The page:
Justice Pang adds, “The accused’s action when applying ointment on the victim’s abdomen after she complained of stomach ache corroborates that the accused did not know where his second kick landed.”

Therefore, even though Salihin had kicked the victim intentionally, he had no intention of striking the part of the abdomen where the injury was found, nor was there any intention to kick with excessive force, such that it would cause such a fatal injury.

To put it in simpler terms, in the eyes of the law, “deliberate intent” requires the accused to have premeditated or planned to carry out the attack in a specific manner which they would have known would be fatal to the victim.

Since Salihin’s actions had been fuelled by anger and impulse, and hadn’t planned to kick the area where her peritoneal cavity was with a huge amount of force, the third criterion was not met.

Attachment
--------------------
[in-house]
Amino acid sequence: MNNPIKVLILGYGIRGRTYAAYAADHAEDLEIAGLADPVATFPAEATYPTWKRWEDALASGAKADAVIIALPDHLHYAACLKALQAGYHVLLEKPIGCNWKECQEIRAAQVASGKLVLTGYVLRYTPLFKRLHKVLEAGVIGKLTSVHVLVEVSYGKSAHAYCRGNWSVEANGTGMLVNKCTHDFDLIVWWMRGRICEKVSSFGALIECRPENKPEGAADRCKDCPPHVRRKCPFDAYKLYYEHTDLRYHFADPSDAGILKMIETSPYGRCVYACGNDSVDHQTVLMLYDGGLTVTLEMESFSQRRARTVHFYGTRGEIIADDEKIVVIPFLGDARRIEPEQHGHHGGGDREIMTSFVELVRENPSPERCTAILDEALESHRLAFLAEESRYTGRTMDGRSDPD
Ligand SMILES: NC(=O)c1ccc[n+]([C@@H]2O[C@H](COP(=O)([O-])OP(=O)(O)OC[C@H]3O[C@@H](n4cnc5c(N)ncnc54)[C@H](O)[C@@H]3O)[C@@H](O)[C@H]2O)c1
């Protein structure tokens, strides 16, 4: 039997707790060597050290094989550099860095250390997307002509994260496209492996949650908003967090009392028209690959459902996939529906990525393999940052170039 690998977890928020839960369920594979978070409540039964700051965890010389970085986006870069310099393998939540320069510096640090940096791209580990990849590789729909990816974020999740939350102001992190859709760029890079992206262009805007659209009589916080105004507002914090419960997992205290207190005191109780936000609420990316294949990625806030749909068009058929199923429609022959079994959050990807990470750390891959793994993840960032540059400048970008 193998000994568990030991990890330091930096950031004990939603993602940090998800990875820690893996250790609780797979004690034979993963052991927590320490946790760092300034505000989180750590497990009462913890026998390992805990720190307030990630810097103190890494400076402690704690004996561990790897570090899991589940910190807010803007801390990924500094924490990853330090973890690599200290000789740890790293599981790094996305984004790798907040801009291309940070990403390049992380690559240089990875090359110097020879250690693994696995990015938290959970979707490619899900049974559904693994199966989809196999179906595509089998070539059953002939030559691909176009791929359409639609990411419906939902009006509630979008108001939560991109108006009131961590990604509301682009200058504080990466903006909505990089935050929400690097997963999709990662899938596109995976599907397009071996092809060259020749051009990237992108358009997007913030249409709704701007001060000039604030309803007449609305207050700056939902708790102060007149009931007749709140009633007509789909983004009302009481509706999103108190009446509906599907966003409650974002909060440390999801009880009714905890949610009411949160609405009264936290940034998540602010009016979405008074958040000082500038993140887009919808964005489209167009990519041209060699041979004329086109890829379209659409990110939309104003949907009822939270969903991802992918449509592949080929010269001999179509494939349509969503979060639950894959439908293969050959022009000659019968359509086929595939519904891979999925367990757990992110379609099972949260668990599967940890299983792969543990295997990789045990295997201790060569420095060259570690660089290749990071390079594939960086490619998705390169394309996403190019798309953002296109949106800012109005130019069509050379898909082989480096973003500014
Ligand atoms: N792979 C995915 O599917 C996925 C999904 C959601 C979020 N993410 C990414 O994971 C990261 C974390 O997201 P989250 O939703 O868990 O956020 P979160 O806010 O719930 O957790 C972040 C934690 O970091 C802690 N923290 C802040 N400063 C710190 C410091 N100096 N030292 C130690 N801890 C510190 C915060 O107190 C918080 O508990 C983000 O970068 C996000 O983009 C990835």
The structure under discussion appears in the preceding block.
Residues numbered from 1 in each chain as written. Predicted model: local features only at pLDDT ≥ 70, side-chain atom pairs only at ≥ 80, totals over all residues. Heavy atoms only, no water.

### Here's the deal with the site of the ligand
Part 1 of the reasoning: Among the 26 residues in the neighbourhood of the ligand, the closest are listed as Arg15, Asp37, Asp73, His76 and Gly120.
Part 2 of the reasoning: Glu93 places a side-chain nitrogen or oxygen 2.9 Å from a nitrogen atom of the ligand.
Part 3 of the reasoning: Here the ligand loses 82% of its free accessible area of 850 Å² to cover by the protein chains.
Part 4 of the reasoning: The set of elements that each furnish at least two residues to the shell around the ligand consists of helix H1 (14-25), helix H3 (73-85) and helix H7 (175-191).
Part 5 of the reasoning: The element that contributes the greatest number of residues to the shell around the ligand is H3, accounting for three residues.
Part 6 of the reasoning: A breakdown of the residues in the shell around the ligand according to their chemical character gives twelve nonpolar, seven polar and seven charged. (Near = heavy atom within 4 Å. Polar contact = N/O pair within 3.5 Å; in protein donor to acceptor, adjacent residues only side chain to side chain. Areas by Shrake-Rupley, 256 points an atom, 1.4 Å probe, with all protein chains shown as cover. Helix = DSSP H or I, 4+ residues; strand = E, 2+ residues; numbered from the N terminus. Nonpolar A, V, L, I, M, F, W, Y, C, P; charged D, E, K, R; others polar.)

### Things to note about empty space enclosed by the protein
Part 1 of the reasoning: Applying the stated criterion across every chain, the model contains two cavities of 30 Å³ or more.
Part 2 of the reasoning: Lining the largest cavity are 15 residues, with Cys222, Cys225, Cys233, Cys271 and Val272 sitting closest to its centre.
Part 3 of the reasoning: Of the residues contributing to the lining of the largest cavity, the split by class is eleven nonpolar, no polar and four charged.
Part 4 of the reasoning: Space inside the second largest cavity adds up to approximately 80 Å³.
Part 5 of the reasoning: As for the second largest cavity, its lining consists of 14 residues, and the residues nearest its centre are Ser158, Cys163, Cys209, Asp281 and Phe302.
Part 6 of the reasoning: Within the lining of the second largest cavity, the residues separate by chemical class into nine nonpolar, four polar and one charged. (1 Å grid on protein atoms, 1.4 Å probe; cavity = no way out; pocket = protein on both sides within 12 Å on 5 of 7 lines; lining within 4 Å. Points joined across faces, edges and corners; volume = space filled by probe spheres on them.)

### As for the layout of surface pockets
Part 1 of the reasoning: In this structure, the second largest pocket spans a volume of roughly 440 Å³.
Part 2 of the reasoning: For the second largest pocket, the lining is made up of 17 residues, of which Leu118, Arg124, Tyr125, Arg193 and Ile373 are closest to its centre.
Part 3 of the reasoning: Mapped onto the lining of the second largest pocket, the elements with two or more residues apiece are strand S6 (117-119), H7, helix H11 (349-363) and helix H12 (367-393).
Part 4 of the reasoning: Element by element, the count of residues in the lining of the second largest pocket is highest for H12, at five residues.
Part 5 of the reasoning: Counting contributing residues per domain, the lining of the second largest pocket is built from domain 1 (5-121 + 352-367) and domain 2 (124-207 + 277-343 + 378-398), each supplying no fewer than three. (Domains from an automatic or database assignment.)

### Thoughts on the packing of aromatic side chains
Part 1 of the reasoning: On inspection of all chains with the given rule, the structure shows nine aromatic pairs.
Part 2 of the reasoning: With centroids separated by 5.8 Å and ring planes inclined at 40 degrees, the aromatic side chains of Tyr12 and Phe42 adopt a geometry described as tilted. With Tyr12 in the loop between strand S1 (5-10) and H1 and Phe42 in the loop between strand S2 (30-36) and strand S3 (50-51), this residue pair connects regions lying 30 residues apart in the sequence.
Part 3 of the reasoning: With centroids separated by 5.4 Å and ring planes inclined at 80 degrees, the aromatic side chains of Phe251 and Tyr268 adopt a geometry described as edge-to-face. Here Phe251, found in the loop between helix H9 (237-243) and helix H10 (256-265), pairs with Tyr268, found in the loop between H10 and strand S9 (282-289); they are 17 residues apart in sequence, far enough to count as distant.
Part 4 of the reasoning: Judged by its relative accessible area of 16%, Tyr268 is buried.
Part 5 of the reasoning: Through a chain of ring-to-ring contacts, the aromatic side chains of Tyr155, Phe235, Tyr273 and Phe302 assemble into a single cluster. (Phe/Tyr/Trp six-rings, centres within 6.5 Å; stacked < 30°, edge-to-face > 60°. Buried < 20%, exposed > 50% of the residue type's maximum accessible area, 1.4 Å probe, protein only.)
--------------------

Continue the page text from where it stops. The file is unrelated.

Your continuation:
Other Contributing Events

Besides the kick to her abdomen, Justice Pang declared that there were three other events that contributed to the severity of her injury.

The first was one of the victim’s twin brothers jumping on her stomach.

According to Syabilla’s testimony, her twin boys tended to get “rough” whenever they were playing around.

Her twin boys weighed around 15 kilogram around the time of the incident and they liked to sit on her stomach when she was pregnant with her fourth child and even bounce on it.

There were also two previous instances where she saw her boys sitting on her daughter.

On the first occasion, the twins had been bouncing on the victim’s stomach until their mother screamed at them to stop, and on the second occasion, the victim had shouted for them to stop herself.

After those incidents, Syabilla didn’t think there was any need to take the girl to the doctor because the girl hadn’t said anything, so Syabilla “thought she was okay”.

However, it became apparent that the twins never stopped sitting on their older sister’s stomach.